Big Labor Smackdown; Court Upholds Michigan Ban on Project Labor Agreements
Byline: THE WASHINGTON TIMES
Labor unions are skilled labor at driving up costs. They use their cozy connections with politicians to legislate schemes giving government agencies no choice but to pay inflated union prices for certain types of projects through project labor agreements. Those agreements may not be around much longer if a 6th U.S. Circuit Court of Appeals decision handed down Friday holds.
In a free market, contracts would be awarded to those willing to do the best work at the best price. That's not the union way, which is to divide up simple tasks so that the man who installs the plumbing can't touch the light switch, ensuring two get paid for doing the job one person could handle. The inefficiency typically drives costs up 20 percent or more. Such contracts are much like agreements that have traditionally been called feather-bedding, and the featherbeds are soft, comfortable and inviting, indeed.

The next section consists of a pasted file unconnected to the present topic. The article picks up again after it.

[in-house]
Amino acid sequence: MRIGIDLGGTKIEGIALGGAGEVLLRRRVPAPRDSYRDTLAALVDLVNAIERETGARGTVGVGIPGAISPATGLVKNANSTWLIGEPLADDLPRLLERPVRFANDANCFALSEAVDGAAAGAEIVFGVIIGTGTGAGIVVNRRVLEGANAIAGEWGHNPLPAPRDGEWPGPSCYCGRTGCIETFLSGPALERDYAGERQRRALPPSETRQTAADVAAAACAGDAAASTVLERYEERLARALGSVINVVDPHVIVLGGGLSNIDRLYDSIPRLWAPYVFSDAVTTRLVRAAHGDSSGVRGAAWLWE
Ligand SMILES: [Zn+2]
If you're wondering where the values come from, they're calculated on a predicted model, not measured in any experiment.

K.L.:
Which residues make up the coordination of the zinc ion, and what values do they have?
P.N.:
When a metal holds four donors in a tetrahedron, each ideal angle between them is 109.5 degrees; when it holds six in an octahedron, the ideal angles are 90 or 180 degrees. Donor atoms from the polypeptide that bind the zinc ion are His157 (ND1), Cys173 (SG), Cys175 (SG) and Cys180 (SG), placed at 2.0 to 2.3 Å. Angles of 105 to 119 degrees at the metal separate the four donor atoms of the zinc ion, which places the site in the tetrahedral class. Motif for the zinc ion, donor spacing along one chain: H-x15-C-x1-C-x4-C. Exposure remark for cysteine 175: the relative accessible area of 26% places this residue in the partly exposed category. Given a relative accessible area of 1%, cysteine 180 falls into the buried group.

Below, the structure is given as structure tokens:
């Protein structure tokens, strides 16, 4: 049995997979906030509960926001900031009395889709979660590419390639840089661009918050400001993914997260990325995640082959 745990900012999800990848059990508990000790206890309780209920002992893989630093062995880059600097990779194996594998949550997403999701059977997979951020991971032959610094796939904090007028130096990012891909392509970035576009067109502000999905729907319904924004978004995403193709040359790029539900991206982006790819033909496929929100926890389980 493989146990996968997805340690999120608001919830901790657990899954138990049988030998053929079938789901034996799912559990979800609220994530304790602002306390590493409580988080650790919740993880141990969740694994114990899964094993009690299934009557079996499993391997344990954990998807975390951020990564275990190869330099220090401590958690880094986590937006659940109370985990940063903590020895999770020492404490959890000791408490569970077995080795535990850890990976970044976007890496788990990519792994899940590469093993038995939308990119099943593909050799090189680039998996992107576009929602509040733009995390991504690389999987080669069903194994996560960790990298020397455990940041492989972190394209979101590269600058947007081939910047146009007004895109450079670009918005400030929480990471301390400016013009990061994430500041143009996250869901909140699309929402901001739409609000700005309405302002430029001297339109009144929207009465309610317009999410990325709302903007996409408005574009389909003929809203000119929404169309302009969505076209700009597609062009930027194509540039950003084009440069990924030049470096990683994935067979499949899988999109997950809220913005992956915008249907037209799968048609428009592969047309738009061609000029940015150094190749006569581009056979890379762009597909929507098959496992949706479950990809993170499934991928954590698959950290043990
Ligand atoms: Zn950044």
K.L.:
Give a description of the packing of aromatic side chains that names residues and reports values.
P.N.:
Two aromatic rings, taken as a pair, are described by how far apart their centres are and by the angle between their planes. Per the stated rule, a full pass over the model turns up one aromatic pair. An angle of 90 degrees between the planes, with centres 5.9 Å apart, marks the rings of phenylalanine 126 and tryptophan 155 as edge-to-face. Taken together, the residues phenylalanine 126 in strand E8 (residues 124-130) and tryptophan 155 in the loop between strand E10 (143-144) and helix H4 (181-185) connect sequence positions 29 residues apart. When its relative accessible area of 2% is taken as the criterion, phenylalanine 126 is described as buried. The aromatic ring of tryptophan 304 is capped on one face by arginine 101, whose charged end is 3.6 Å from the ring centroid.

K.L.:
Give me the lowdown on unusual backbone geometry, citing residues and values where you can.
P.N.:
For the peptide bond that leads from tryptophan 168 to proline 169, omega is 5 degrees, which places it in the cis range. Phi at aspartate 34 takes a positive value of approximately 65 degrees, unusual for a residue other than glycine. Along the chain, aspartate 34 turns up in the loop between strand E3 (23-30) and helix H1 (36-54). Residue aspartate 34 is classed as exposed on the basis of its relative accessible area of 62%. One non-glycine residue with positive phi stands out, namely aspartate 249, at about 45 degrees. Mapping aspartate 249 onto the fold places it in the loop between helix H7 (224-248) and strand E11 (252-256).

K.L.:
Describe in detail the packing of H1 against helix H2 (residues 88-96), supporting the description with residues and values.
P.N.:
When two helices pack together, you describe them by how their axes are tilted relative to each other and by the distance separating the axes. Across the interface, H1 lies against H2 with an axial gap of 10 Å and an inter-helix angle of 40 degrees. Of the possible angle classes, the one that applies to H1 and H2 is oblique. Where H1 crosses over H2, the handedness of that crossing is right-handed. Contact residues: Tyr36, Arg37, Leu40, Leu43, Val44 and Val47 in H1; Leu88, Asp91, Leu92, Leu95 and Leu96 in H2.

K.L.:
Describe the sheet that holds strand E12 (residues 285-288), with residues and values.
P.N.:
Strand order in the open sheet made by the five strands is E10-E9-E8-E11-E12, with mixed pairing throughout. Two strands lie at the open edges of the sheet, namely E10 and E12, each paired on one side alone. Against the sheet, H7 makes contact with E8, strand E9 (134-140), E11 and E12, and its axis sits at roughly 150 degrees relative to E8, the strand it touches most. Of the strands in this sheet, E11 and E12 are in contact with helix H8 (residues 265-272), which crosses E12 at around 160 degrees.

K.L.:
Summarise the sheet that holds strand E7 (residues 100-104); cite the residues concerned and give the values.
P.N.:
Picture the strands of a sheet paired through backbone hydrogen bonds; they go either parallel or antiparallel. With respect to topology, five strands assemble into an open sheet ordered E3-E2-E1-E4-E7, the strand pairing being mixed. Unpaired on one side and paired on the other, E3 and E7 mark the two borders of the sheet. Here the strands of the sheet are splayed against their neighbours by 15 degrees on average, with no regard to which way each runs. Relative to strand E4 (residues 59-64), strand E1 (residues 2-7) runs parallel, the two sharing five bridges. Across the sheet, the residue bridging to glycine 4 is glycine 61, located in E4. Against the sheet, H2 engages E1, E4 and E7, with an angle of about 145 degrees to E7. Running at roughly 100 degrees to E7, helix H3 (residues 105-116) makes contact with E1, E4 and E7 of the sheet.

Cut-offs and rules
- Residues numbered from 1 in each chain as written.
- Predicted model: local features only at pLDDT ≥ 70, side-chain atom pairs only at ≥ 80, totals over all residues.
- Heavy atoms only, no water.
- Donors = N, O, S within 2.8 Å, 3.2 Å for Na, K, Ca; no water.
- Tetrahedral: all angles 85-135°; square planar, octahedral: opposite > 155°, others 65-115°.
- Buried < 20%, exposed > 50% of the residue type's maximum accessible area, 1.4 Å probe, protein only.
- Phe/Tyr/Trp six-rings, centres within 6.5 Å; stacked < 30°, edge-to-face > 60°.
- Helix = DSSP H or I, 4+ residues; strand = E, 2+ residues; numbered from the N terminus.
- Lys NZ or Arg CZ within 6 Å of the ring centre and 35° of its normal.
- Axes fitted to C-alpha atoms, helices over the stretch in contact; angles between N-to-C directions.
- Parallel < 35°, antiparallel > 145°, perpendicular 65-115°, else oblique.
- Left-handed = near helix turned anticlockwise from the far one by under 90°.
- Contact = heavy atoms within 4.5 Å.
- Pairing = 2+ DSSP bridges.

When building a bridge or digging a tunnel can cost billions, that 20 percent adds up to big money. So the reform-minded Michigan Legislature decided in 2011 that it no longer makes sense to hand a hefty share of taxpayer resources to union bosses. It banned state and local project labor agreements, and the unions predictably cried foul, hoping a federal judge would restore their monopoly on providing public services. …